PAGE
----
If you’re not sure you have the authorization to place interpreter requests, check with your supervisor or manager. Here is more information on how interpreter pricing works.

Interpreter Request Process

Now that you know what you need to do ahead of time, here are the essential methods you can use to request interpreters. Make sure the referral agency you’re working with offers you multiple ways to request interpreters.

It’s always good to have multiple options, since people in your organization will have their own preferences.

At the very minimum, you should be able to call the referral agency you’re working with and place your request by phone. However, if you have to place hundreds of requests per week, this may not be a very efficient way to do it.

From my experience, here are four ways you can request interpreters.

1. Request by Phone

When time is of the essence, this is perhaps the best way to request an interpreter. All you have to do is call the referral agency and place your request.

Use this request method only for urgent requests as the other three options described below are probably more efficient and less time consuming.

2. Request by Fax

The referral agency you’re working with should provide you with an interpreter request form template, like the one found here.

You can then fill out all the necessary encounter information and fax it to the agency.

Alternatively, you can create your own interpreter request form and use that instead.

3. Request by E-mail

Very similar to faxing your request, but instead you’re emailing it. Just make sure you’re emailing confidential information, such as HIPAA PHI, over secure email.

If you have confidential information you need to transmit with your request, you’re better off not using email.

4. Request Online

Many referral agencies have their own interpreter request portals. These portals allow you to place a request securely online using a web browser, such as Internet Explorer, Google Chrome or Mozilla Firefox.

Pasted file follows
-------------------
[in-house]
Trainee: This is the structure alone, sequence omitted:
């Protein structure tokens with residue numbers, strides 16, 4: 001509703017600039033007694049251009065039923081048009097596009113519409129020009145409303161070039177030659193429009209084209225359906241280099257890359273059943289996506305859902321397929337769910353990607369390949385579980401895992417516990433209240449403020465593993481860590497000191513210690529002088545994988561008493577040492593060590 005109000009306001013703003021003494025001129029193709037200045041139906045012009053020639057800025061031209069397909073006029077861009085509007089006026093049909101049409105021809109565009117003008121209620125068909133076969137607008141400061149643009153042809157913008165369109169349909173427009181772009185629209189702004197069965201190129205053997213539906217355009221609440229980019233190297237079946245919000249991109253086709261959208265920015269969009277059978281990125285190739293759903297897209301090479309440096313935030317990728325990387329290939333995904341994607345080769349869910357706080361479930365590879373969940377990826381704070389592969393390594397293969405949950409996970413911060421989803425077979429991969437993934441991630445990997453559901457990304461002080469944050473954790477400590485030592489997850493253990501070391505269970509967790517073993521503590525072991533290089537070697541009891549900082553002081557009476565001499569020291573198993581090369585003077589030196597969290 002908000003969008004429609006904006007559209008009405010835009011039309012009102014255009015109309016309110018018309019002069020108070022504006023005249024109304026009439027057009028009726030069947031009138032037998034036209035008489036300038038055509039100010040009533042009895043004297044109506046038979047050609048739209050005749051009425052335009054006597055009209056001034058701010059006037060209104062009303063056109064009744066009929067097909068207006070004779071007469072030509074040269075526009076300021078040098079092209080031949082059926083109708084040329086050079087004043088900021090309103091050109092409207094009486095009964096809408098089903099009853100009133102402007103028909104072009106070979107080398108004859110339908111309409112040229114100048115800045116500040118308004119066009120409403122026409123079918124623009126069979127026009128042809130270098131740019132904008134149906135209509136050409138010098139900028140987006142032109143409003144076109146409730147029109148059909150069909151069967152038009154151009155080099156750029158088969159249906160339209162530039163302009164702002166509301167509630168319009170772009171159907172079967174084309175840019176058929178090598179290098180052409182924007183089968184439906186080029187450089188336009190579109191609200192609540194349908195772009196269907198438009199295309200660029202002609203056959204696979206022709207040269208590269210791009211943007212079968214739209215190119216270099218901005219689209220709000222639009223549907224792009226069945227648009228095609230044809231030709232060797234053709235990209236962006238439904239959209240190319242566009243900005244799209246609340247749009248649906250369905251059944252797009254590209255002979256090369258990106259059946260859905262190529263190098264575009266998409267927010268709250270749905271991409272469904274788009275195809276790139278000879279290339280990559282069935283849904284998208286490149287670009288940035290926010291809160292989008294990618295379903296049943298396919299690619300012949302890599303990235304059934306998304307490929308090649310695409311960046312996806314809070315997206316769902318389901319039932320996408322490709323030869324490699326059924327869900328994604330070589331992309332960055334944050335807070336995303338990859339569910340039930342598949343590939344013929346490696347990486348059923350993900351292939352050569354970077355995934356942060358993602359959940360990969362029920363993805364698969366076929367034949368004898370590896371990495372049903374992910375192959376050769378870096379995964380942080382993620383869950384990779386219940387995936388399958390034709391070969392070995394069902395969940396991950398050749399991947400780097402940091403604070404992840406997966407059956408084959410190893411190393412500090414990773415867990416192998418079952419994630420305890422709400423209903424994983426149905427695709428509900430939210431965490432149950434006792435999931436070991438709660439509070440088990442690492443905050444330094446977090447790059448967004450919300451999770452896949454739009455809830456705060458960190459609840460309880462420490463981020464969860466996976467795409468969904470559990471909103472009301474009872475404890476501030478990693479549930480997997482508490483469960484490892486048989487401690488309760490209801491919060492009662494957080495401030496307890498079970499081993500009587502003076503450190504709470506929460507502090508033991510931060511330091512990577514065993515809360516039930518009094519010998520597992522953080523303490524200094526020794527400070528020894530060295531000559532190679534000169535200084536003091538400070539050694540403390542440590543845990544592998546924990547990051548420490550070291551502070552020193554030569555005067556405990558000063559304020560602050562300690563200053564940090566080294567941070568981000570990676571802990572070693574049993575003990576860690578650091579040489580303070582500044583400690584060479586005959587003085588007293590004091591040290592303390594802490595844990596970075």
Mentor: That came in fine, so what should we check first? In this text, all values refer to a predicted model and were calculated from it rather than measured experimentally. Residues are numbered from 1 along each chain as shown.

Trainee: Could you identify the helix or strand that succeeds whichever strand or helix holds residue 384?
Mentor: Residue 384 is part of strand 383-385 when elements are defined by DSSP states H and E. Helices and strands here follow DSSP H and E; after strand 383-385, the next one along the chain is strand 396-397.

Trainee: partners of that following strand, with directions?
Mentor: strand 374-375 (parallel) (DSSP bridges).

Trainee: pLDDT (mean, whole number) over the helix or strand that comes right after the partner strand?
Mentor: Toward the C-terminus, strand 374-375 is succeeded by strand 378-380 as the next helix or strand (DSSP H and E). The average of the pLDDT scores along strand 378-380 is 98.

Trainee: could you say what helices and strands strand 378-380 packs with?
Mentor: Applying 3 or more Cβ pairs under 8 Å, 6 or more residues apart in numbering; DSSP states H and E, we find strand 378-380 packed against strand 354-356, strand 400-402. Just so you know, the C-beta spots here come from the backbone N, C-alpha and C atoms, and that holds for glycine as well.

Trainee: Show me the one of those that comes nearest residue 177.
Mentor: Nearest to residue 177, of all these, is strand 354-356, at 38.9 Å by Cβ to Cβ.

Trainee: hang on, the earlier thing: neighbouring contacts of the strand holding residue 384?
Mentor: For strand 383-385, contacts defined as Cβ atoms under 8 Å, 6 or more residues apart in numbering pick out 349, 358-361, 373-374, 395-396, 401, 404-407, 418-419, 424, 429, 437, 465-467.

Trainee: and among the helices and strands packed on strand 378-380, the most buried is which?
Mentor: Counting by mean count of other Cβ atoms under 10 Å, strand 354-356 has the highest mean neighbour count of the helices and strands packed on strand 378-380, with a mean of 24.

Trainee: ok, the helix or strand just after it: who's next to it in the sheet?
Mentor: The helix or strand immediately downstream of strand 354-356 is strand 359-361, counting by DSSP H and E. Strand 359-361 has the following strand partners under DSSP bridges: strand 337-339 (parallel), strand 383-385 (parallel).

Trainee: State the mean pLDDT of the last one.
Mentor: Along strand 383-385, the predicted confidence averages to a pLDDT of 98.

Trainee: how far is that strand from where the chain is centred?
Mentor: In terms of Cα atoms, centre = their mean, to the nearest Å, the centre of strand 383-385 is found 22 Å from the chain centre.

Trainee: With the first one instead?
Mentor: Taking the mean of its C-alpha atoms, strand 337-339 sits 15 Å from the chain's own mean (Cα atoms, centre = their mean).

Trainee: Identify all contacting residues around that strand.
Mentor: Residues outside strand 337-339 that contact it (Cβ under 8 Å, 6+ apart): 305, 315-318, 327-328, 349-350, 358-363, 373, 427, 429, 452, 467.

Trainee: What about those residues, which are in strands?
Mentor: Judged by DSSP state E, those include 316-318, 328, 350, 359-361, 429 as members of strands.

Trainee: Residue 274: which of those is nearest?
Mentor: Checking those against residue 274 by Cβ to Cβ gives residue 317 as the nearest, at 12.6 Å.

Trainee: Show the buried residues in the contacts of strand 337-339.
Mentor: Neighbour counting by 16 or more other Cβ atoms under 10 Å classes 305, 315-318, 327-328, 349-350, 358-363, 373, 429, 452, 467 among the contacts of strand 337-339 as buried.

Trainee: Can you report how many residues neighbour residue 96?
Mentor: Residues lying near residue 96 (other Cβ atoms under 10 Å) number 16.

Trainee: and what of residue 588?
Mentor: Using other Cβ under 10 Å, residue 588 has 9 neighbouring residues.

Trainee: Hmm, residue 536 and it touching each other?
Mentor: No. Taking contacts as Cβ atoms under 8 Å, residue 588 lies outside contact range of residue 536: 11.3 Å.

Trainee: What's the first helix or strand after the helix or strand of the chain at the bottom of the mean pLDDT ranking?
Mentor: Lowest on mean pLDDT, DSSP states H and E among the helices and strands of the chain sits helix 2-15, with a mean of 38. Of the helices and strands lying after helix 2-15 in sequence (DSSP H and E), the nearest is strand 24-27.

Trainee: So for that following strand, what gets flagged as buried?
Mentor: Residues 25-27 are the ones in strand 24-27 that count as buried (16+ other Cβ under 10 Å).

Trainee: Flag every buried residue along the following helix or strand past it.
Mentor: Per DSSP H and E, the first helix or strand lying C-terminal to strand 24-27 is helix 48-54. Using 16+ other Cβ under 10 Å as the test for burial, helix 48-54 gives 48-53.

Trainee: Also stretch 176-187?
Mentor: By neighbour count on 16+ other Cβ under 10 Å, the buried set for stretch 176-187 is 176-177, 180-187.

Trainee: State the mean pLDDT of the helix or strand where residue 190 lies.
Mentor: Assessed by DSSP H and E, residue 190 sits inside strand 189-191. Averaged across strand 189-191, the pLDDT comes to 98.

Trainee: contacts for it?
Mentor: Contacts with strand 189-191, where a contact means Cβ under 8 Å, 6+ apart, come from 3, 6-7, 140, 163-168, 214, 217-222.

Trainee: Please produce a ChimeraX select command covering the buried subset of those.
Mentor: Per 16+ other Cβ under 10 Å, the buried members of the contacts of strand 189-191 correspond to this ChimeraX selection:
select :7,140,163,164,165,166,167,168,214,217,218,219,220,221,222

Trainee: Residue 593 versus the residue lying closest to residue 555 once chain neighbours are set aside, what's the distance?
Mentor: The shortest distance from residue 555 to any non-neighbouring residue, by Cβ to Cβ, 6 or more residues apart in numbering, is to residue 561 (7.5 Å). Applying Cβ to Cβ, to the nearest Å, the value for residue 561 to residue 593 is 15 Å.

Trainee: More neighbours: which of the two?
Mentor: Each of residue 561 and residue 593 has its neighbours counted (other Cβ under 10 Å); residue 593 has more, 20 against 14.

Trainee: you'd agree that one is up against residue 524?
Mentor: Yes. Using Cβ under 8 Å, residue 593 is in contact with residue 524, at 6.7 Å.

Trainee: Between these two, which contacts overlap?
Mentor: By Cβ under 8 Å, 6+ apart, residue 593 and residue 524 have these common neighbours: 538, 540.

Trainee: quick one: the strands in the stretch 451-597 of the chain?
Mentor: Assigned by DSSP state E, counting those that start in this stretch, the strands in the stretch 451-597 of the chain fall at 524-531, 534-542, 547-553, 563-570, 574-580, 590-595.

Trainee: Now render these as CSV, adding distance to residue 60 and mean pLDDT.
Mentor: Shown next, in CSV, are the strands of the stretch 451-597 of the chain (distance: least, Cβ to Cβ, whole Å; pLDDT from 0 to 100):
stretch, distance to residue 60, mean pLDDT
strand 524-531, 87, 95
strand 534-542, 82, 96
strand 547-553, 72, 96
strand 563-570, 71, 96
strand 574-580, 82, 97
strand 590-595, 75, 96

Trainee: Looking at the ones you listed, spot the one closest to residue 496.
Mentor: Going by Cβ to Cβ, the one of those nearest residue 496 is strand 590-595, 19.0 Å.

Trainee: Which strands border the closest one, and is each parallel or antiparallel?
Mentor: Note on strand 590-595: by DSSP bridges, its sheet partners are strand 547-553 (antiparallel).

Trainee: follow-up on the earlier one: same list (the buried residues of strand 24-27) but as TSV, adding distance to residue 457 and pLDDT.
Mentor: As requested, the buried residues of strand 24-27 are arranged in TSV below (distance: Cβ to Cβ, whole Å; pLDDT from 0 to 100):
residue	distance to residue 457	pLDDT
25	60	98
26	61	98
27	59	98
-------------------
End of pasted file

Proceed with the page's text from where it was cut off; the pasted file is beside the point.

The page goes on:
This is probably the most convenient way to place requests. Just make sure the portal site you’re using is secure.

There might be additional ways to request interpreters, but the above four are the most common ones from my experience. If you know of other ways, please share them in the comments.

Information to Include with Your Request

Be prepared to provide the following information with your request. The more information and details you can provide, the better.

1. Your Information

The referral agency you’re working with will need to know who they are dealing with. Be prepared to provide your first and last name.

It’s also a good idea to provide your direct telephone number and an email address to ensure smooth communication.

2. Encounter/Event Information

Provide all the details about the event and any other special instructions for interpreters. This will help the referral agency determine the interpreter qualifications needed for your event, as well as how many interpreters you will need.

Other event related information such as the place of service, address, city, state, ZIP, date of service, start & end times are needed as well.

3. Consumer Information

Your organization may need to keep track of the Limited English Proficiency (LEP) consumers receiving interpretive services.

If this is the case, provide that information to the referral agency.

This may include consumer’s name, gender, date of birth and language.

If consumer information is not critical for you to keep track of, you don’t need to provide it.

What Happens After You Place Your Request

You placed your request, now what?

The referral agency will confirm interpreter availability and assignment with you, using your preferred method of communication.